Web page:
Am I stressed with my work and assignments? Absolutely, but is it enough to make me feel dejected? No. When I joined Woodstock in August 2020, I had no experience with the IBDP. It was an overwhelming transition to be in the IB after being under the Cambridge curriculum for seven years, but a relative advantage was the academic intensity remaining consistent.
The IB programme is certainly rigorous due to its regular summative and formative assessments. Although, I think the IAs and extended essays easily take up more than half of the plate. I think I can speak for most students and myself when I say it is mainly not the issue of how to write them but how to make it distinct from the rest.
Furthermore, the concept of online distance learning milieu has altered my perspective on IB. It may seem more exacting being present, prepared, and perceptive in front of a screen for several hours. The fact that school has been brought into my home adds fuel to the fire. My impression of a home is a place affiliated with personal wellbeing, self-reflection, and detachment from any sort of a workplace. Hence, interweaving two different segments of a spectrum-like life hinders my ability to be optimal for both school and home.
However, I have come to realize how the IB programme has made me more aware of not just my academic statistics, but the state of affairs across the world. I have seen numerous people in their 11th and 12th grades with their heads stuck in the pages of countless books with no cognizance of the circumstances surrounding them. The IBDP incorporates world affairs into its assessments allowing me to delve deep into certain issues which brings forth my opinion into my work. This system of teaching is likely to favor me in both college and the career I aim to pursue as I will be able to connect my principles and perception of information into the job.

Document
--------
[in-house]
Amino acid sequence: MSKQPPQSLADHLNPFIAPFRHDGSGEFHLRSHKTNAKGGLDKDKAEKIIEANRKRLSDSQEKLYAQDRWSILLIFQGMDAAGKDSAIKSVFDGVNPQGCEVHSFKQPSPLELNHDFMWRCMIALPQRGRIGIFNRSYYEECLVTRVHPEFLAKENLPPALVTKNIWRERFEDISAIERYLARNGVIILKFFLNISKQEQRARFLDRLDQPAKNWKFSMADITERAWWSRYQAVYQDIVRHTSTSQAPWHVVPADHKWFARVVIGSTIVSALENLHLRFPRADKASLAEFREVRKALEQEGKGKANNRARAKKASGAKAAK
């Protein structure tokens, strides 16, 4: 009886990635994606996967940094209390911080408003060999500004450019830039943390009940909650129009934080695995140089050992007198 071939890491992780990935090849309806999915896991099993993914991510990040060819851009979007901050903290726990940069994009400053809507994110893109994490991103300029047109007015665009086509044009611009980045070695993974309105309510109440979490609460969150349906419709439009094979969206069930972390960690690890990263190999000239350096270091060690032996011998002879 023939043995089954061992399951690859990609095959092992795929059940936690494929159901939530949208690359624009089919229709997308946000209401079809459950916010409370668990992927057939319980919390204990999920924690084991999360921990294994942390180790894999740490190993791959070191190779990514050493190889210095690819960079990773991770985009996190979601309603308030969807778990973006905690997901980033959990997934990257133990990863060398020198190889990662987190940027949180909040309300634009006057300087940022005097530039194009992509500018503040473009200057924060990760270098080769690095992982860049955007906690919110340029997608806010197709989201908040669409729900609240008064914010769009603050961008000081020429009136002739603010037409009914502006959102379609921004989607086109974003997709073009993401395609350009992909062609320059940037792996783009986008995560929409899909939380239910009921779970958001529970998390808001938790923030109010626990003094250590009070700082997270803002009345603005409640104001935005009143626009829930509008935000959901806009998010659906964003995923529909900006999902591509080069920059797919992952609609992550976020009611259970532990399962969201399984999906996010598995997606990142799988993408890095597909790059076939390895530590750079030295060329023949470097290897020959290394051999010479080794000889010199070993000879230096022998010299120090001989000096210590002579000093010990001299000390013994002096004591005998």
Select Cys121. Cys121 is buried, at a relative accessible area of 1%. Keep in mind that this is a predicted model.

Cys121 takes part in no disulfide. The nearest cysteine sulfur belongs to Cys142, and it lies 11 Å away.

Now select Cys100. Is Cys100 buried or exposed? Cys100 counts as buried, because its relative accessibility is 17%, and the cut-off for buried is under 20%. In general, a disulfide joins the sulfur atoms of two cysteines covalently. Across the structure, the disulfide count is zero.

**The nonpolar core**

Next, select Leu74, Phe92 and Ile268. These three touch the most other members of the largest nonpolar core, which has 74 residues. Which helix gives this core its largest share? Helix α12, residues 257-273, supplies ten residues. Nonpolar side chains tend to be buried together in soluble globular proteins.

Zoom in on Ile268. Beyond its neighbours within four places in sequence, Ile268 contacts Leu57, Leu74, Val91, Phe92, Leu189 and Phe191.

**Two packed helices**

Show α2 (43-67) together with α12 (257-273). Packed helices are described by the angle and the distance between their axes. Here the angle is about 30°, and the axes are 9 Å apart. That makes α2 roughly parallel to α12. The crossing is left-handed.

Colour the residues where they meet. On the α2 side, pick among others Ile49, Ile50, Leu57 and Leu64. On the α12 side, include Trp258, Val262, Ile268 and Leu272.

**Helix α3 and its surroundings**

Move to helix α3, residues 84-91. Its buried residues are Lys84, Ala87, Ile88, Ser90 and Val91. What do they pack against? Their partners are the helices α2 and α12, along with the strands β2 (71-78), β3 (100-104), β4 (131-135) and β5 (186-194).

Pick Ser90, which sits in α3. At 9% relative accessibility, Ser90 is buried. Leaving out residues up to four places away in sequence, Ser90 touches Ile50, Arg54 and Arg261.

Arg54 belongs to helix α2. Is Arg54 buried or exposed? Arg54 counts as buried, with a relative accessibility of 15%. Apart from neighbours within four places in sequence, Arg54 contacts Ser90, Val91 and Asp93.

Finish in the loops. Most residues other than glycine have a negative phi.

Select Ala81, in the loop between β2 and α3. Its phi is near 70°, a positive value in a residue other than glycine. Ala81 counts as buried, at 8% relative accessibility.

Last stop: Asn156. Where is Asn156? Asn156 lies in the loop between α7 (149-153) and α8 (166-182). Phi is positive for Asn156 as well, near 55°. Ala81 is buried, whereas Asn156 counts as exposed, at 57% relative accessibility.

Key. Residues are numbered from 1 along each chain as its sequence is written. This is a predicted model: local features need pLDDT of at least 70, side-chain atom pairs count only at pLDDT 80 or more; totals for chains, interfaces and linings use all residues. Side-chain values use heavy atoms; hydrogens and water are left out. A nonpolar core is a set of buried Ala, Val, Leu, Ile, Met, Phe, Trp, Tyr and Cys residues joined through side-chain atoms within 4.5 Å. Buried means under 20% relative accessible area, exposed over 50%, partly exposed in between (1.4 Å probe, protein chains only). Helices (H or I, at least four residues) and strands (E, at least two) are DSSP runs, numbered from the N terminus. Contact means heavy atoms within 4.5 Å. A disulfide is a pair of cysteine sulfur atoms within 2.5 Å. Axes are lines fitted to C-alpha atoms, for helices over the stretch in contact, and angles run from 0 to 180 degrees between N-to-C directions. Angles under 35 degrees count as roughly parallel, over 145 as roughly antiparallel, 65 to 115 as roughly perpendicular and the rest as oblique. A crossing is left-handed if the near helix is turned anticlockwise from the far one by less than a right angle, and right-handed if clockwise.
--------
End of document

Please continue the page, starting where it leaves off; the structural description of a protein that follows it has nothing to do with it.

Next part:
The aspect of IB that intrigues me most would be how TOK is integrated into every subject, and I can still understand its inclusion regardless of my dexterity. It sparks curiosity and wonder which makes me question reality and being to its existence. It has shed new light on the importance of demanding myself to research the quiddity of objects, subjects, and even people.
Even though most of the components of IB mentioned above are research based implying that we still have to face a book or screen to gather knowledge, the CAS is one portion where I feel that I can abandon my computer and perform physical activities as undemanding as baking, swimming, or gardening. The act of service in CAS highlights the importance of aid to the unfortunate in my community and contribution to the environment. This has personally brought me closer to nature which has become a form of meditation.
In due course, I plan to get used to the IB Diploma Programme and be well on my way on the road to graduation. Till then, will it be a walk-in-the-park? No. Will I keep moving forward? Yes.
Bishalakshmi Bagchi is a staff reporter.
Edited by Ira Ahuja.